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Want to Make Chutney? Green: Apple, Chilé and Plantain Chutney! Yum!

This is a welcome post to create.  One of my loves in life is to forage wild foods. Another is being an amateur photographer.  Crochet artist. Blog creator. Sewn books and paper art. Budding musician, happy painter, songwriter. Enthusiastic cook. Food preparer. A nutrition buff. Cookbook reader and recipe enthusiast.

Will I ever get out of the budding stage?
I don’t know but it sure is fun.

I’m going to take a break from all the research on wild foods and identification and authentication by sources and check…cross check methods involved in presenting a post about foraging wild foods.
Although it is pure joy for me.
Three planets in Virgo if that makes any sense!

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This post is about my own recipe.
How to make Chutney! I will show you how!

I delved into the discovery and process of making chutney rather quickly but I did remember to take some photos!

My partner really loves chutney.  And, since we share most, if not all meals together 2 to 3 times a day, every day in our semi-trailer workin’ life…
IT SURE IS NICE TO SPICE IT UP A BIT! LOL

We were happy to find some plantain (the banana type) at the grocery store in Abilene, Texas.  We bought a ripe plantain (yellow with black spots and streaks) and a green one.  Similar to a banana…bigger around and usually longer.

See my post about plantain dough empanadas! Yum

While at the store we also found a fresh green chile along with other welcome grocery goods!

I guess I really was in the mood to spice things up and I often look up Indian (eastern) foods and recipes for fun and inspiration!

Here is a little information about chutney and its history of use that you might enjoy taking a look at!
It is informative and fun. For example, It has a page for food poems, tips for cooking and recipes. It even has a food crossword puzzle site.

http://www.foodreference.com/html/artchutney.html

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Back to Makin the Chutney!

After reviewing several recipes for ingredients…I found one using ingredients and a recipe I thought I could manage…it helps to keep it manageable when cooking in a small space. 

And, as it turned out… we found some happy, firm green apples at the truckstop!

So, after surfing the web, and seeing both green plantain and green apples used in chutneys too…
My inspiration set in!

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Photo of green apples from hdwallpapers9.com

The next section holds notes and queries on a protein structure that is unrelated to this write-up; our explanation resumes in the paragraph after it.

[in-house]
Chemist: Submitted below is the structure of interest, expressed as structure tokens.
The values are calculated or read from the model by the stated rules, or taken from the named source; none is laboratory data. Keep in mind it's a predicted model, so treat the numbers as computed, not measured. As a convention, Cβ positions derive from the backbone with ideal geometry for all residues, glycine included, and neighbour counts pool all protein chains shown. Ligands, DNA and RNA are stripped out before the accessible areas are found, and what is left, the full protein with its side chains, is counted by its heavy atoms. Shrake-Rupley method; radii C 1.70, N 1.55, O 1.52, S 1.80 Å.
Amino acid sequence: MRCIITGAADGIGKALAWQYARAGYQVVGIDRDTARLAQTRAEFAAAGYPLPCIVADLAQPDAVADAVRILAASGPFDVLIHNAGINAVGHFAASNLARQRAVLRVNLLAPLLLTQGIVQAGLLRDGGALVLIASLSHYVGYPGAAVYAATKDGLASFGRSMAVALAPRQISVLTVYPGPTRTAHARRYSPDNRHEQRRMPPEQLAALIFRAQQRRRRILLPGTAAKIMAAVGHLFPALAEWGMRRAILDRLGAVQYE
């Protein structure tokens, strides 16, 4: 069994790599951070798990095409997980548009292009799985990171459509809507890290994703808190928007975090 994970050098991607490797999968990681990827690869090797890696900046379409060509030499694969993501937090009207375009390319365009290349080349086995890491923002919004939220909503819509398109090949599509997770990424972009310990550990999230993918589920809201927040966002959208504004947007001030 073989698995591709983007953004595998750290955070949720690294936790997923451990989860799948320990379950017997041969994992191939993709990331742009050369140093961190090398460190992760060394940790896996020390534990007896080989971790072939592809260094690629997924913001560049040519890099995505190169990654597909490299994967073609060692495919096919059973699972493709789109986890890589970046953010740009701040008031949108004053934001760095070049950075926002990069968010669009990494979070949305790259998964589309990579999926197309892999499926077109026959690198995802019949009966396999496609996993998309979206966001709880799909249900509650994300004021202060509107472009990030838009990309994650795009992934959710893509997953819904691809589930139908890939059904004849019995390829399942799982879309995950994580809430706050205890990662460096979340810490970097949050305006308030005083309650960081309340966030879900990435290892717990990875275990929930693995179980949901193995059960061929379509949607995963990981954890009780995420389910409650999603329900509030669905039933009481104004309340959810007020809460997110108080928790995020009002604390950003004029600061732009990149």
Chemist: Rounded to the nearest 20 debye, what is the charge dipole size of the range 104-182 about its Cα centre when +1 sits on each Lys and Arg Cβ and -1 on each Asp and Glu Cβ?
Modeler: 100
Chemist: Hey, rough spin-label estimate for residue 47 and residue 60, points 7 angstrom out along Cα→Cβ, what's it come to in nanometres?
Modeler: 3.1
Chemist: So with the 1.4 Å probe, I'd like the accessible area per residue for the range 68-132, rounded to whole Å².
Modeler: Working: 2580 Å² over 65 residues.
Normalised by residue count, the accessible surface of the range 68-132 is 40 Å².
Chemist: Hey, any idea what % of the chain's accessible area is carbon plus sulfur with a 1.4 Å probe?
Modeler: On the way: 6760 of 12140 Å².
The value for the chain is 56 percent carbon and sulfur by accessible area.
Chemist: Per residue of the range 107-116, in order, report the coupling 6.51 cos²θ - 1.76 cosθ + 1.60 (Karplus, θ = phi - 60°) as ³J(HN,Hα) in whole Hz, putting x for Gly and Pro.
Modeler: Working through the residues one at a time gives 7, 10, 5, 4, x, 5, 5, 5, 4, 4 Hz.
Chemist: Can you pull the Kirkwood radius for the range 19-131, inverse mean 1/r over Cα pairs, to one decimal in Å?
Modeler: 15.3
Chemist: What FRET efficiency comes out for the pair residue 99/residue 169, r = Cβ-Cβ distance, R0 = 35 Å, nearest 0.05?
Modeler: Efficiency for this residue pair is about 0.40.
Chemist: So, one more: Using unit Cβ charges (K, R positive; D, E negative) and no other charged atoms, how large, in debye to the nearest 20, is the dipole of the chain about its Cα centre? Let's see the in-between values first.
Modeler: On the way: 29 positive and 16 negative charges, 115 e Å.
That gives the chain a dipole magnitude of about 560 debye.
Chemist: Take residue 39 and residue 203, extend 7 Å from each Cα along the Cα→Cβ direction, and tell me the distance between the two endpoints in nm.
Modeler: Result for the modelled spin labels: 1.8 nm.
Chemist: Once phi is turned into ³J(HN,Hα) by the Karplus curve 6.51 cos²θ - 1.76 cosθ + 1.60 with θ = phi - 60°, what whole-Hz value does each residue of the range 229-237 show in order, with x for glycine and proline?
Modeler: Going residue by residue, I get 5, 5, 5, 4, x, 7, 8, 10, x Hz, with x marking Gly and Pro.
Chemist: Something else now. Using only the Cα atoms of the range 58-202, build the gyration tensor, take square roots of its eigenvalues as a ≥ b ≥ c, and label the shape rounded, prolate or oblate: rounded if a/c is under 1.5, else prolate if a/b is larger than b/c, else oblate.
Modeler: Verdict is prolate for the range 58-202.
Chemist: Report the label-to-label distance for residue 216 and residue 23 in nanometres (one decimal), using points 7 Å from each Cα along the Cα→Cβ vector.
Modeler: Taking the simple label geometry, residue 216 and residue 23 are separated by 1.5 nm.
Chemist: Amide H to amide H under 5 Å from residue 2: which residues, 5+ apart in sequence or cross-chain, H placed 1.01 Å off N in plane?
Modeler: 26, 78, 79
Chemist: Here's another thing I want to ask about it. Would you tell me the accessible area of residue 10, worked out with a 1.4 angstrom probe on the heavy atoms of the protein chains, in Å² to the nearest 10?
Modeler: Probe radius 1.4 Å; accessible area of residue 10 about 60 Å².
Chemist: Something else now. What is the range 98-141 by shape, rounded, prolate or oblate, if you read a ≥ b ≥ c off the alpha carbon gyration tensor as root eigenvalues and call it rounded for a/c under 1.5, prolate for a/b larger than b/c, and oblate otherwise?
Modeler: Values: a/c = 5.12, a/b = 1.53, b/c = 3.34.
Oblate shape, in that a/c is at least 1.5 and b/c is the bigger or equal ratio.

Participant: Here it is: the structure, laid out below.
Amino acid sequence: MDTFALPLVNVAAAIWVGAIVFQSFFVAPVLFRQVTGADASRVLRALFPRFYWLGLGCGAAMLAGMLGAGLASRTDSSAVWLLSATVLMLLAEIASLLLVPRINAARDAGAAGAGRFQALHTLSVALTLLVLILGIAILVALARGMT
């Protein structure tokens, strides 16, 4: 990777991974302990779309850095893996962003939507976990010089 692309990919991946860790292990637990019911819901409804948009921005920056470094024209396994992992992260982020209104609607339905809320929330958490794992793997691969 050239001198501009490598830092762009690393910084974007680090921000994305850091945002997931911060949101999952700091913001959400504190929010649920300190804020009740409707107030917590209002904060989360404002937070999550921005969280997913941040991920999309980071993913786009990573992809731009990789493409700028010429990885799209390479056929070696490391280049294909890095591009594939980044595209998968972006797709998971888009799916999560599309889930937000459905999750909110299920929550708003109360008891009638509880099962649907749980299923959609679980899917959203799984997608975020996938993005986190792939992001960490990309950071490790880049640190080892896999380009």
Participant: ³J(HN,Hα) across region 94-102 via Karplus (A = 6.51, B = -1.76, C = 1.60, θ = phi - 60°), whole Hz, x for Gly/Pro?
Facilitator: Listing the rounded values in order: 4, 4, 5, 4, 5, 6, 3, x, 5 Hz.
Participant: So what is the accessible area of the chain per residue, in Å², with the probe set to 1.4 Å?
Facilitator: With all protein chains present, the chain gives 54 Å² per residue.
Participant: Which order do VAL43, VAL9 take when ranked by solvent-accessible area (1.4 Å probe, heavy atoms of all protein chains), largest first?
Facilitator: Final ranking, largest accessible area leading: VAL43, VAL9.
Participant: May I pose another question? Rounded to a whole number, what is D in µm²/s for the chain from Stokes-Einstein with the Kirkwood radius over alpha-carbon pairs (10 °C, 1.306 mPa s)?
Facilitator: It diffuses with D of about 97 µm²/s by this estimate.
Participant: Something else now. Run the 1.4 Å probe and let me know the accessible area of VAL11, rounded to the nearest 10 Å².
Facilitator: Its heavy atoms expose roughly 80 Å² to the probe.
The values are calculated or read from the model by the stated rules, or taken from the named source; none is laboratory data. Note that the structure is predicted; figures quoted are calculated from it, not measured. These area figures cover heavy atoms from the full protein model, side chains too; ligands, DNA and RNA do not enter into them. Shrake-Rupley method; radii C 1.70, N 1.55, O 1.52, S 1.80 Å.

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Plantain photo from specialtyproduce.com

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Green chilé photo from 123rf.com

Here are the basic guidelines I read about for making chutney.

-Look for firm green fruit, i.e.  green mango
(next time for sure!,) green plantain, green apples, even green bananas… green tomatoes, probably endless options!
(A good use of green fruit).
And, other fruits would surely work. 
-Look for firm texture since it will be cooked for 40 minutes or longer!

-*Perhaps some ripe fruit that can hold its texture such as green apples.
-Softer fruit such as berries won’t stand up texturally but if you want to add these…they would add to the syrup that is created with sugar, vinegar, and water which is reduced when cooking.

I think you will have fun because so many fruits or vegetables can be made into a chutney! I was happy to discover that!
-Other ingredients I found were cherries, coconut, sweet potatoes, raisins, regular potatoes and tomatoes…

I bet you have something to work with in your food bin, fridge or pantry right now…or from your garden or farmer’s market! Perhaps a foraged food. Now I’m thinking jerusalem artichokes, nopales…as ingredients… hmmm….

I’m feeling chutney enthusiasm right now!

What to do…

Use non-reactive cookwear and utensils.
Check out this helpful site!

http://www.thekitchn.com/food-science-explaining-reacti-73723

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Kudos to the following site from mobile.eatingwell.com

It’s recipe included 1 Cup each of vinegar, water and sugar which I used in my own unique recipe. I did not follow this recipe per sé…but it gave me the green light of confidence I needed to try it on my own.
*I also noticed it has some great fruit preparation and storage tips.

So, I used the amounts for sugar, vinegar and water as recommended and improvised with happy results for the rest!

http://mobile.eatingwell.com/recipes/fresh_fruit_chutney.html

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Here is my recipe:
Green: Apple, Plantain, Chilé Chutney.

What you need:

-Non-reactive pot i.e. stainless steel. Not aluminum and not cast iron.
-Wooden spoon or Plastic cooking spoon
-non reactive storage jar or bowl, glass, pyrex, plastic, etc.

Ingredients:

2 medium size green apples with peel on

1 medium size green plantain

1/2 red onion…if I had green onions that would have gone with the green theme 🙂

1 medium size Raw/Fresh green chilé seeded
* green chilé tip: Perhaps cook a small piece to test for heat and spiciness as there can be variations. Mine had a mild heat to it.

2-3 pinches Ground black pepper

2-3 pinches Ground turmeric powder

2-3 pinches Ground cinnamon

A couple shakes of Sea salt

Handful roasted cashews chopped.
Save some to mix into chutney when done.

1 Cup Coconut Sugar
(I use Madhava organic coconut sugar)

1 Cup spring water/filtered water

1 Cup Apple Cider Vinegar.  (I use Bragg’s Raw Apple Cider Vinegar…especially since I had it on hand.  White vinegar is often in the recipe.  Perhaps other vinegars would work too…)

Directions: